History originally published in AutoWeek December 21, 1987
In the early autumn when the wind begins to blow and the leaves began to scurry before the blast, the sky becomes a crystal and the sun a blazing gem. The stallions dance before the change, the season’s on the run, and the Ferrari is a Ruby, an Italian red, red ruby of steel and sweat and lust.
Special is a word for the 1966 Ferrari 330 GTC. It came from an era when Ferrari grand touring cars were coming into their own. The separation between racing and road cars was complete, and touring cars no longer suffered under the compromises imposed by competition siblings. The Ferrari 330 GTC was introduced at the March 1966 Geneva Auto Show and was an evolution of the earlier four seat 330GT, which would henceforth be known as the 330GT 2+2. It used the chassis of the 275 GTB and the 4.0-liter 330 sohc engine. The body was designed by Pininfarina and borrowed the front end from his earlier Ferrari 400 Superamerica and the rear from the 275 GTS. One might expect such a committee of parts to produce an awkward whole but, in the case of the 330 GTC, one would be wrong.
The shape is classic. The nose is drawn into an oval opening containing the traditional Ferrari egg-crate grille, the headlights set into scoops in the fenders. Behind either front wheel opening are engine air exhaust vents, and a subtle crease sweeps rearward to become the top edge of the trunk lip, defining the car’s profile and providing character to what would otherwise be a rather plain flank. The cabin is light, with only the slimmest of A and C-pillars. The design has aged well, still looking handsome and not outdated at 20 years old.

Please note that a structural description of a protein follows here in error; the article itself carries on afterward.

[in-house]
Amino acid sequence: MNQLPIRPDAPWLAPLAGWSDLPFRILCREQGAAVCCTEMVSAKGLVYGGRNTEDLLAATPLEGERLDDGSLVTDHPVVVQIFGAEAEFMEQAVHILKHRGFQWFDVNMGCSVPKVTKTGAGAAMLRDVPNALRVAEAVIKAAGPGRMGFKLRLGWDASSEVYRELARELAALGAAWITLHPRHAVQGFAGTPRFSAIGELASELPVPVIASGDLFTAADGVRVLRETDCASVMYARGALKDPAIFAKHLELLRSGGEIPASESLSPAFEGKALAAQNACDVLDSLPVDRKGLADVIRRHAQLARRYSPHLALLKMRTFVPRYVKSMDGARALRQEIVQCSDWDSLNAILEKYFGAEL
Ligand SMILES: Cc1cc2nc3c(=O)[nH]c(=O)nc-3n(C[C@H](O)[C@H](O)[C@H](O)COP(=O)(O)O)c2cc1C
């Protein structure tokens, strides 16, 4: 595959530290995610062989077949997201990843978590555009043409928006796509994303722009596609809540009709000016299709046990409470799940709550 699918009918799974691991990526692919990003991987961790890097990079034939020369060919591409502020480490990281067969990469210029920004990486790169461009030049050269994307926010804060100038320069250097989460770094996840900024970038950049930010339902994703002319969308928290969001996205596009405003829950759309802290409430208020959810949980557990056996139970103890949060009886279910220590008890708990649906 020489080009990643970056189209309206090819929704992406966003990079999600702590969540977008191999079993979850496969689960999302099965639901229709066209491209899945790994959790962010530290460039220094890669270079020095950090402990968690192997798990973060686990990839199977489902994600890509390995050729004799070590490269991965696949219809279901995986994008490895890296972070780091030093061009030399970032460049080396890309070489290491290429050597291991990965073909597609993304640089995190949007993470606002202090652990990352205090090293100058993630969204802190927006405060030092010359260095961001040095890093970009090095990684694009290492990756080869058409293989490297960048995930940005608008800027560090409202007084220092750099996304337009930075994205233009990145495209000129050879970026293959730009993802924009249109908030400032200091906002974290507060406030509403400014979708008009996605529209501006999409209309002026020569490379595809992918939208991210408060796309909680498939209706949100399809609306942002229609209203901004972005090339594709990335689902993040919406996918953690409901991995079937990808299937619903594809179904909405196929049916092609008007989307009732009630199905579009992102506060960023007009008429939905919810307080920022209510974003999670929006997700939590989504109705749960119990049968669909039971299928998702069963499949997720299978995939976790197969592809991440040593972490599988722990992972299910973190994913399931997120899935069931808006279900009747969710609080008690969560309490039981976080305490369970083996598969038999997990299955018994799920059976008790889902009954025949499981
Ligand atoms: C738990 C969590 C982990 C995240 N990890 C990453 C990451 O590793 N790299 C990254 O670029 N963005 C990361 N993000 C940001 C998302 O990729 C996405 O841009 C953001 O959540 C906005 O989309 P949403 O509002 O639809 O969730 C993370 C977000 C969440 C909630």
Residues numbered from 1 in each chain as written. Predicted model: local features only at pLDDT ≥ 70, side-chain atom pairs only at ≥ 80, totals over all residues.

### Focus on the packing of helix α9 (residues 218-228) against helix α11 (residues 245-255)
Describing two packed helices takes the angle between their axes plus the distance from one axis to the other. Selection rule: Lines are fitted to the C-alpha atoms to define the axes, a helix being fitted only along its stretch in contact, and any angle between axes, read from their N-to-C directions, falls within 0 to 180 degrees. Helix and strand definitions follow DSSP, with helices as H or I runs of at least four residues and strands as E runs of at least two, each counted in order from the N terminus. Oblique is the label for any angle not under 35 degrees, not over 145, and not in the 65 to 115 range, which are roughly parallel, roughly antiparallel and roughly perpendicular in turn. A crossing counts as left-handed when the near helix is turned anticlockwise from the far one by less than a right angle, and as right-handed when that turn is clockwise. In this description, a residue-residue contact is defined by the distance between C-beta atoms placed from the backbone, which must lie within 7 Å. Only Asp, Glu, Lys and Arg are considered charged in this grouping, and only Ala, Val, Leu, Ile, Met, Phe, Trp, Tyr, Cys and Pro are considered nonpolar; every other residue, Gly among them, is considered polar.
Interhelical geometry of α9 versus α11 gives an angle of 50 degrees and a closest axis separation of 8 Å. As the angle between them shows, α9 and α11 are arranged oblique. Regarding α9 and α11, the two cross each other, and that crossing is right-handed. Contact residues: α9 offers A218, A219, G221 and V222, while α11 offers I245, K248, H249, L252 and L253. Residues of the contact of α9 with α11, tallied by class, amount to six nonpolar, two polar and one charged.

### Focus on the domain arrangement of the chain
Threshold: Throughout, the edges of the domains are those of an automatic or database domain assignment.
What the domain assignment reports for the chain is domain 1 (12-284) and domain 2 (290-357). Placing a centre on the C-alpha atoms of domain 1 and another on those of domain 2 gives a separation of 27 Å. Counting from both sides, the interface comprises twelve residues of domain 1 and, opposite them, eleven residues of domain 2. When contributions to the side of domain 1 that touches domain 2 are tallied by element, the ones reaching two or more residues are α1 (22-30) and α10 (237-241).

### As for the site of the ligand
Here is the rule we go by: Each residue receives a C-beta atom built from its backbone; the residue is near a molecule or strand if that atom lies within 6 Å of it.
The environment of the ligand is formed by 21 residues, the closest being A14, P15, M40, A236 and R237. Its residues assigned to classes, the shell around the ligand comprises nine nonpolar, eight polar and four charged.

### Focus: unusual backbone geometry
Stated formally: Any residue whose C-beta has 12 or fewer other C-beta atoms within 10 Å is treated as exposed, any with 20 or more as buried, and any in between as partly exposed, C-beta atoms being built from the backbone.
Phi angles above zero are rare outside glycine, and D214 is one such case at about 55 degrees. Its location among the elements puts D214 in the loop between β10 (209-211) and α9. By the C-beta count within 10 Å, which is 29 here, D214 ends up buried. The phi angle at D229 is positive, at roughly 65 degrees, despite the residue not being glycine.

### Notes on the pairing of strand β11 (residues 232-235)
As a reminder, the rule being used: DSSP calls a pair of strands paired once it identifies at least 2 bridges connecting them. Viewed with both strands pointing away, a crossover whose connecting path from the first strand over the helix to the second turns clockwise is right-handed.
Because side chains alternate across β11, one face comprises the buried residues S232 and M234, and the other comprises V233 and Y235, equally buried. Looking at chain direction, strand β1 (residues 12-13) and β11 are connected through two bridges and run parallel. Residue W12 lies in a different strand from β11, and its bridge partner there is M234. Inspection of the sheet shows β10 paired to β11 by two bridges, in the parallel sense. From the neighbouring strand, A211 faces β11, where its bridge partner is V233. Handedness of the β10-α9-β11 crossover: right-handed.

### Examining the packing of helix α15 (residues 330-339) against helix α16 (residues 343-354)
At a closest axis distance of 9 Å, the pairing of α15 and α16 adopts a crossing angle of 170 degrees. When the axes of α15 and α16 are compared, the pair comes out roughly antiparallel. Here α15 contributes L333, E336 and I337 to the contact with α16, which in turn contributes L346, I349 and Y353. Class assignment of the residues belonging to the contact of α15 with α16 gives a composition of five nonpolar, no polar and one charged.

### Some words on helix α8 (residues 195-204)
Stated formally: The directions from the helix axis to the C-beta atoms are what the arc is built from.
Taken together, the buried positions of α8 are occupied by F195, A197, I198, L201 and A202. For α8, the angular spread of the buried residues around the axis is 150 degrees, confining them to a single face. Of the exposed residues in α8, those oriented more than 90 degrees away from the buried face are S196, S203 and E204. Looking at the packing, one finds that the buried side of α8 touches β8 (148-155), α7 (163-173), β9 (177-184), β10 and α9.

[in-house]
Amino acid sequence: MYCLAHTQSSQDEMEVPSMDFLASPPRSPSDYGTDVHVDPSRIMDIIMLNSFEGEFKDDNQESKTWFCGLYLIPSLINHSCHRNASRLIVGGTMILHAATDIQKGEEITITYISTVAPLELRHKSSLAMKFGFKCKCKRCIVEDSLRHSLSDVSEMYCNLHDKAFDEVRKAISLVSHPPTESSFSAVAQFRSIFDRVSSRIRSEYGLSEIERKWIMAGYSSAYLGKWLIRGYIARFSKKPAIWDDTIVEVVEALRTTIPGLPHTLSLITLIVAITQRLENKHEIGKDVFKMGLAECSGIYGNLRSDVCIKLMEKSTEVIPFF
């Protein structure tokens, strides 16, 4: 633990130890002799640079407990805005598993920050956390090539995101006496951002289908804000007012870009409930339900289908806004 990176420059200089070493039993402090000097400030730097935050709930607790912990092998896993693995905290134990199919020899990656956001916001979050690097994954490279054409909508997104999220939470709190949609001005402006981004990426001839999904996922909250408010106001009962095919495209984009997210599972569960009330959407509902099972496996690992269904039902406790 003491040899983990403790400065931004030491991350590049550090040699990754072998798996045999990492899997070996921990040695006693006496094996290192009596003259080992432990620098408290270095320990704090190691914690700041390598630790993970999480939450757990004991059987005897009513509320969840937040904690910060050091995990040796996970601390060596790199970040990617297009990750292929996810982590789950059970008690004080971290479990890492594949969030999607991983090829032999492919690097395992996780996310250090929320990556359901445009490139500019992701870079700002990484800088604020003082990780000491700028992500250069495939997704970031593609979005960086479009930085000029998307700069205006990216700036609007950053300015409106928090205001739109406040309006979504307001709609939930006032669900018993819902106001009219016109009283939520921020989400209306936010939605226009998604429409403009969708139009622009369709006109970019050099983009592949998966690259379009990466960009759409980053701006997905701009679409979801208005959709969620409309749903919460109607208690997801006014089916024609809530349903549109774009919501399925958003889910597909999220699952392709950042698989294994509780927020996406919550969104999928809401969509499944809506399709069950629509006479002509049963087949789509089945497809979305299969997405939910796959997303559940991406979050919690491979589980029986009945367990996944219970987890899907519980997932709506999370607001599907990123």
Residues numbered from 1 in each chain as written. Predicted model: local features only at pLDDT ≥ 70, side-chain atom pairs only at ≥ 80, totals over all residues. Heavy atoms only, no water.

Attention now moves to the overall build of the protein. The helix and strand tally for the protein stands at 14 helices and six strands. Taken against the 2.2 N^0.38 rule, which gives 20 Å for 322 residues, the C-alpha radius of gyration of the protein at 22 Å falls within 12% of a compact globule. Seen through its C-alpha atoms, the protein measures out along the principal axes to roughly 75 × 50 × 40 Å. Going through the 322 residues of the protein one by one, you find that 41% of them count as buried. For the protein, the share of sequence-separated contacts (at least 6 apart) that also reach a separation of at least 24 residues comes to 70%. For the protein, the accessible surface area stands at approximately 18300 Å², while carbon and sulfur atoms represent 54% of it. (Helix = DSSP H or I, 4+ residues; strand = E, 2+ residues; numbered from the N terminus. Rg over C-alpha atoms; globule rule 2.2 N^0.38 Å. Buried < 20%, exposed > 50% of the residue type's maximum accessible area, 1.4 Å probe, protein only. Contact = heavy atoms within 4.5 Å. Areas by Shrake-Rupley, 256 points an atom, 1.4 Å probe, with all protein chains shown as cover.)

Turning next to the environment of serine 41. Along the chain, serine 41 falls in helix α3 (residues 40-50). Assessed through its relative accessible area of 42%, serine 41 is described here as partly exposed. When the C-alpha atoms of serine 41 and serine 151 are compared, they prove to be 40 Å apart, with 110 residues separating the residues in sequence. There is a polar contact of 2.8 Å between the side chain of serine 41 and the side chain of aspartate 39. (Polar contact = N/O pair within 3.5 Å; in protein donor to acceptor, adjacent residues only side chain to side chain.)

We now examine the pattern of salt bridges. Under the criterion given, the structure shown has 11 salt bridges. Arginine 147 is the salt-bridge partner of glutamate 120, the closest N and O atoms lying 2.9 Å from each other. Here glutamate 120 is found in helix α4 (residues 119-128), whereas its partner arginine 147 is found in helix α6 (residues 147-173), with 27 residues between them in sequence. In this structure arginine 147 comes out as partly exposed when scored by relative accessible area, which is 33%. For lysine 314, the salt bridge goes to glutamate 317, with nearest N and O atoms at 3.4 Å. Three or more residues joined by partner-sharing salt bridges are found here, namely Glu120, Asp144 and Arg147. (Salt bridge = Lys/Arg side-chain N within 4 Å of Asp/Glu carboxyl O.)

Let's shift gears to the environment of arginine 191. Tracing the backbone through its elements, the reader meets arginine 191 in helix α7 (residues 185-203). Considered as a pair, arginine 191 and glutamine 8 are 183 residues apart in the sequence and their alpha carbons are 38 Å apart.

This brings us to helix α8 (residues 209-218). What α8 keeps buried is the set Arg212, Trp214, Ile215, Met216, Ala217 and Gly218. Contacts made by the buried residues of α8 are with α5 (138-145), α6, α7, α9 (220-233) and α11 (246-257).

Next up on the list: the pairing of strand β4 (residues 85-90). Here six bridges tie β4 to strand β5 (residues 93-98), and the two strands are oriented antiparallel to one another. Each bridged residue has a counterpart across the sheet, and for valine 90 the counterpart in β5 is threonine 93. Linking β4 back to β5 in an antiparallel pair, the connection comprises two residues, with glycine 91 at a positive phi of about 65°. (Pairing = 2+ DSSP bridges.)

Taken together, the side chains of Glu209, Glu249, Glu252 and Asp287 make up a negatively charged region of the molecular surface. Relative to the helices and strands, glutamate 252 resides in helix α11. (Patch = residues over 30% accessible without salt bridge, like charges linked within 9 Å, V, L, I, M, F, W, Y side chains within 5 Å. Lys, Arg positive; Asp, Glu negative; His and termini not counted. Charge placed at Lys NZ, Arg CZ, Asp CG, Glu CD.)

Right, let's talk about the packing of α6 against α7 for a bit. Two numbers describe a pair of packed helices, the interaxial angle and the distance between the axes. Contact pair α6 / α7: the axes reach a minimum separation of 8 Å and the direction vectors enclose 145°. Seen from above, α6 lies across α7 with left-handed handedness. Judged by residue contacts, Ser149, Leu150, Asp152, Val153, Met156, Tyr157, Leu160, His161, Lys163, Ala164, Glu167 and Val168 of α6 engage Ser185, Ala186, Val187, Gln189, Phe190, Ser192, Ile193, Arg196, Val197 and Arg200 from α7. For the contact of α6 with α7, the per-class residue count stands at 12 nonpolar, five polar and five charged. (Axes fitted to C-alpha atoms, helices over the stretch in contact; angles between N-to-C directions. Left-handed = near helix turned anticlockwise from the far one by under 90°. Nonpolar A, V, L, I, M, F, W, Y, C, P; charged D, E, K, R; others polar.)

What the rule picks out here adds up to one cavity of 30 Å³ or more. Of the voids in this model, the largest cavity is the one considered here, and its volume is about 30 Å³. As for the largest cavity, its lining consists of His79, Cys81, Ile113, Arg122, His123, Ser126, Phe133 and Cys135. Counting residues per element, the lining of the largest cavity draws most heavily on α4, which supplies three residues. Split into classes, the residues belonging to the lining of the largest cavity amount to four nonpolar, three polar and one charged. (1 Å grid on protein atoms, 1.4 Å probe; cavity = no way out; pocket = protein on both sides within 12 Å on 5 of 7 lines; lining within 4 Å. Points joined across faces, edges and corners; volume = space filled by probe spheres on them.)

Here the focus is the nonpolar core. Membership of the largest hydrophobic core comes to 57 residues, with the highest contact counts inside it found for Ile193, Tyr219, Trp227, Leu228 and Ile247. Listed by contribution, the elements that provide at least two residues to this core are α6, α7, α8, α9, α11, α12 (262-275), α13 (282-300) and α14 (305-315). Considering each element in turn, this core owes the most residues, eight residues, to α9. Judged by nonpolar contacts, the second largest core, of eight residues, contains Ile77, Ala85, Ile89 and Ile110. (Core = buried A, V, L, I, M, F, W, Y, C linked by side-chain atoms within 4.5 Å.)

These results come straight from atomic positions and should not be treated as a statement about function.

The chassis of the 330 GTC is Ferrari Traditional: ladder-type welded steel tubes. Suspension is fully-independent, with unequal-length A-arms and coil springs front and rear. Power from the V-12 is delivered to a transaxle via a torque tube. The engine itself is a Colombo-based 60-degree V-12 displacing 3967cc. With three downdraft Webers and a hardly radical compression ratio of 8.8:1, it produces some 300 horsepower at 7000 rpm, according to the factory. Fitted with original-spec 205-14 tires front and rear, the coupe is capable of turning the quarter mile in just under15 seconds at 95 mph. Zero to 100 mph takes 17.1 seconds and top speed is around 145 mph.
It is without a doubt a capable performer. One expects that of a Ferrari. However, anyone so fortunate as to hear the howl of a 275 GTB from the inside, you might be unprepared for a ride inside the Ferrari 330 GTC. And that is partly the result of perfection of the car’s condition.
The 330 GT see pictured on this page is #8935, owned by Donovan K. Leyden and is perhaps one of the most original GTC in existence. Leyden bought the car in 1985 from 11-year-owner Dr. Richard Mohr who, with the help of Bill Parro, maintained the car meticulously, even to the point of keeping the original hose clamps. But Leyden, a self-confessed perfectionist, has since had the car thoroughly refurbished (mechanicals by Bryant Amiss, cosmetics and paint by Joe Schiavone, much of the detailing by himself).